Tuesday, December 02, 2008

Claim That Jury Instructed On Multiple Theories May Have Found Guilt On Invalid One Is Subject to Harmless Error Review

Hedgpeth v. Pulido, No. 07-544 (U.S. Dec. 2, 2008) (per curiam)

The opening paragraph of today's opinion from the Supreme Court sums up the decision tidily:
A conviction based on a general verdict is subject to challenge if the jury was instructed on alternative theories of guilt and may have relied on an invalid one. See Stromberg v. California, 283 U. S. 359 (1931); Yates v. United States, 354 U. S. 298(1957). In this case the Court of Appeals for the Ninth Circuit held that such an error is "structural error," requiring that the conviction be set aside on collateral review without regard to whether the flaw in the instructions prejudiced the defendant. The parties now agree that the Court of Appeals was wrong to categorize this type of error as "structural." They further agree that a reviewing court finding such error should ask whether the flaw in the instructions "had substantial and injurious effect or influence in determining the jury’s verdict." Brecht v. Abrahamson, 507 U. S. 619, 623 (1993) (internal quotation marks omitted). We agree as well and so hold.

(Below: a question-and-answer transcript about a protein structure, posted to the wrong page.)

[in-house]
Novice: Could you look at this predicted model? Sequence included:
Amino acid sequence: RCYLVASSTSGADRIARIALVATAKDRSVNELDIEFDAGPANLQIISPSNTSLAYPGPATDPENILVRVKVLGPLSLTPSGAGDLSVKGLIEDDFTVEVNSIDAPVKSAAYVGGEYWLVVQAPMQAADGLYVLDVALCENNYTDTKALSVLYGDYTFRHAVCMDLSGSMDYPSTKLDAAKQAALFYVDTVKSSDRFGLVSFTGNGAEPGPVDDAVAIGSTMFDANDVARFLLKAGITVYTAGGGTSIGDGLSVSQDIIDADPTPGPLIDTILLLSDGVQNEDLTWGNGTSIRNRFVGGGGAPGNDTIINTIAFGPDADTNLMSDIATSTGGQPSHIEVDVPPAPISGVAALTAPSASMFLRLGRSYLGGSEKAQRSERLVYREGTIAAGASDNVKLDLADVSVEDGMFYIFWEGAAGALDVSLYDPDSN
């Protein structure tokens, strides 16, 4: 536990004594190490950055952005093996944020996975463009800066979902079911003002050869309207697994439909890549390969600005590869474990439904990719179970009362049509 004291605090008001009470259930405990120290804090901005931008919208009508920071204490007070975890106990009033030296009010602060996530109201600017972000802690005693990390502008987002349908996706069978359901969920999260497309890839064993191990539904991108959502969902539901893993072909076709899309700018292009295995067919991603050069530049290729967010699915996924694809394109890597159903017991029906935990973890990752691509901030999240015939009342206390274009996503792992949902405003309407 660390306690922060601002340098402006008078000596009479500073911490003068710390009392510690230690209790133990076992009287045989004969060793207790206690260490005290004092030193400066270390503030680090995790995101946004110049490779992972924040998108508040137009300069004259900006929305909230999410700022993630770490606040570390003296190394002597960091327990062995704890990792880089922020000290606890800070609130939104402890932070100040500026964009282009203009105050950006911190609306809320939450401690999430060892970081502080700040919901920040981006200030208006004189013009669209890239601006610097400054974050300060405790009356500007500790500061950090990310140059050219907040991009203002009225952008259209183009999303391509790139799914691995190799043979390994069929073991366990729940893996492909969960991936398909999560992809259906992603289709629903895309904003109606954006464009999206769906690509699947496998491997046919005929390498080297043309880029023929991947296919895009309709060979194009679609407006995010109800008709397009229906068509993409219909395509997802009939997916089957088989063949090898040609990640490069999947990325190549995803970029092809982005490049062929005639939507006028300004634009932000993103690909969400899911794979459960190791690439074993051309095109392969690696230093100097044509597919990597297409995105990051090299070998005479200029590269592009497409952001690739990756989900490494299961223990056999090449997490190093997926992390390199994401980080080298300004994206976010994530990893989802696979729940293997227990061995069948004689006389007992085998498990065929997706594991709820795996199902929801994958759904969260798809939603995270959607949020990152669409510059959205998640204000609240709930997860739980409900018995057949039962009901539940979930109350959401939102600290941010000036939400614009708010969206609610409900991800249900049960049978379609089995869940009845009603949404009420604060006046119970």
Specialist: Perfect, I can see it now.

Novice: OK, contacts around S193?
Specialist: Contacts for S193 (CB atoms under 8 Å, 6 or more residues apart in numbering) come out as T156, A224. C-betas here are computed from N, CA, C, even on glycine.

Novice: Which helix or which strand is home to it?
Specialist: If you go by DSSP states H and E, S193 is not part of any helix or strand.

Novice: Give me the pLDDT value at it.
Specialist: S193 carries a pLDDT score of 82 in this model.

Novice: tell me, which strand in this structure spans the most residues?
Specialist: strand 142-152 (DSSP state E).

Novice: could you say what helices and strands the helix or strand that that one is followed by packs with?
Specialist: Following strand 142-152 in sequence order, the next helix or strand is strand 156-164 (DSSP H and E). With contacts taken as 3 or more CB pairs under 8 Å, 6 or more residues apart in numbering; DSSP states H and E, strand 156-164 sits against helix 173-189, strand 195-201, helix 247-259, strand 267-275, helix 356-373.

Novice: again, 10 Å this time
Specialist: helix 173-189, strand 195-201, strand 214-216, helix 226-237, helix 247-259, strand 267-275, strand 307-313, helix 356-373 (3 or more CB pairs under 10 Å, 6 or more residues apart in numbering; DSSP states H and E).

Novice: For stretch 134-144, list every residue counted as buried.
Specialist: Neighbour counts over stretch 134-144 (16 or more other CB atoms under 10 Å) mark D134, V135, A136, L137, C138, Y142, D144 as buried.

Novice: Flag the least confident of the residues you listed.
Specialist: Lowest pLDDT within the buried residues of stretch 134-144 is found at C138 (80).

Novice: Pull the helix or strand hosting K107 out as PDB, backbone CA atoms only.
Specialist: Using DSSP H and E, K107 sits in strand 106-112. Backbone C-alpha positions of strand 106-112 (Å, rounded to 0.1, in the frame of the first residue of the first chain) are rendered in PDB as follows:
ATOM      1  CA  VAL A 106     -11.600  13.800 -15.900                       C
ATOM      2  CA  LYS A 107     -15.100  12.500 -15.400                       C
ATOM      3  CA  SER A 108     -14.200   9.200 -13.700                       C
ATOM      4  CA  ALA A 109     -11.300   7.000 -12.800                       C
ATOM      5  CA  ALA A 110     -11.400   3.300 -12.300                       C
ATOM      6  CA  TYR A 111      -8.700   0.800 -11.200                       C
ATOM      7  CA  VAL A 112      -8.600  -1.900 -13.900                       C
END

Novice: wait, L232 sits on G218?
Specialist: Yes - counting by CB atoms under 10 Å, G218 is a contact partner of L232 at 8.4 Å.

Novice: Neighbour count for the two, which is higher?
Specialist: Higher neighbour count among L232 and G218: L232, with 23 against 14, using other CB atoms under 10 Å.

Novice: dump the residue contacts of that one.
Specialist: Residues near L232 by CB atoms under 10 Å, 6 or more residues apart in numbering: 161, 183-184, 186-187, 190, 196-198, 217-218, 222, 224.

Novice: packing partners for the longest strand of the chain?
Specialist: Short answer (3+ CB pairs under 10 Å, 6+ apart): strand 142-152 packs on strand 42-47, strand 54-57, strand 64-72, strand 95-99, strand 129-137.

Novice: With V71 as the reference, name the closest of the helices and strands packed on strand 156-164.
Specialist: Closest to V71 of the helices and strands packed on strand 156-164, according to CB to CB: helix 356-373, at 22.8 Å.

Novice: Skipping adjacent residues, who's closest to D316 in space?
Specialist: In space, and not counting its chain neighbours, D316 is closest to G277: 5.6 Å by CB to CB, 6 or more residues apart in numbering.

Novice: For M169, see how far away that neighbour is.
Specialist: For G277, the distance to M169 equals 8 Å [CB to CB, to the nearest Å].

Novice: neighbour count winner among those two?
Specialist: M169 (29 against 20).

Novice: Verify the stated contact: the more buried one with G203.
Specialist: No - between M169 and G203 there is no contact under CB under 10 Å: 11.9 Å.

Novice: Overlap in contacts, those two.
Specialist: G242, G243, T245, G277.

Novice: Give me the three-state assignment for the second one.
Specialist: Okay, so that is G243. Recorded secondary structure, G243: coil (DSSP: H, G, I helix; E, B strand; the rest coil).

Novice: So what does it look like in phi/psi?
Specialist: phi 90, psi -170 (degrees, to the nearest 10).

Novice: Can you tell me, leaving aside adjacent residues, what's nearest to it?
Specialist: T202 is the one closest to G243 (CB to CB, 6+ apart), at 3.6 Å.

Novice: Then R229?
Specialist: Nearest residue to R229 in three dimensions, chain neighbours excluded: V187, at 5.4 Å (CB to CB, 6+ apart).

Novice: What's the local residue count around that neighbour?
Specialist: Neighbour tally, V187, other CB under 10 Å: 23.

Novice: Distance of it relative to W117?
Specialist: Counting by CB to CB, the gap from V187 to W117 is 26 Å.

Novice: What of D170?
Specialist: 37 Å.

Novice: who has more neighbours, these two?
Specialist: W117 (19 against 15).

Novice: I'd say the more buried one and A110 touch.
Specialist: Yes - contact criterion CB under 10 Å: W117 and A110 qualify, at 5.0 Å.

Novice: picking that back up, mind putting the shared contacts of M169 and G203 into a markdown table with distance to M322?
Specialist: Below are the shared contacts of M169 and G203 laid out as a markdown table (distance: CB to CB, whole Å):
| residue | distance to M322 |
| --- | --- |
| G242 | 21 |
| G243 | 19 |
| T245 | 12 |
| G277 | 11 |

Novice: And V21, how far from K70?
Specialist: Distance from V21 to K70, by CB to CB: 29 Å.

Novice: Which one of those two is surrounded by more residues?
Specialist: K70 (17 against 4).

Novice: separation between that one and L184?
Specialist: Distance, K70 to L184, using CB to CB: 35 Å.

Thus, a remand for the Ninth Circuit to conduct harmless error review.

Justice Stevens dissented, joined by Justices Souter and Ginsburg. They argued that the decision below should be affirmed because the Ninth Circuit in fact conducted harmless error review, notwithstanding that court's misuse of the term "structural error."

Additional analysis is available at SCOTUSblog and the Volokh Conspiracy.

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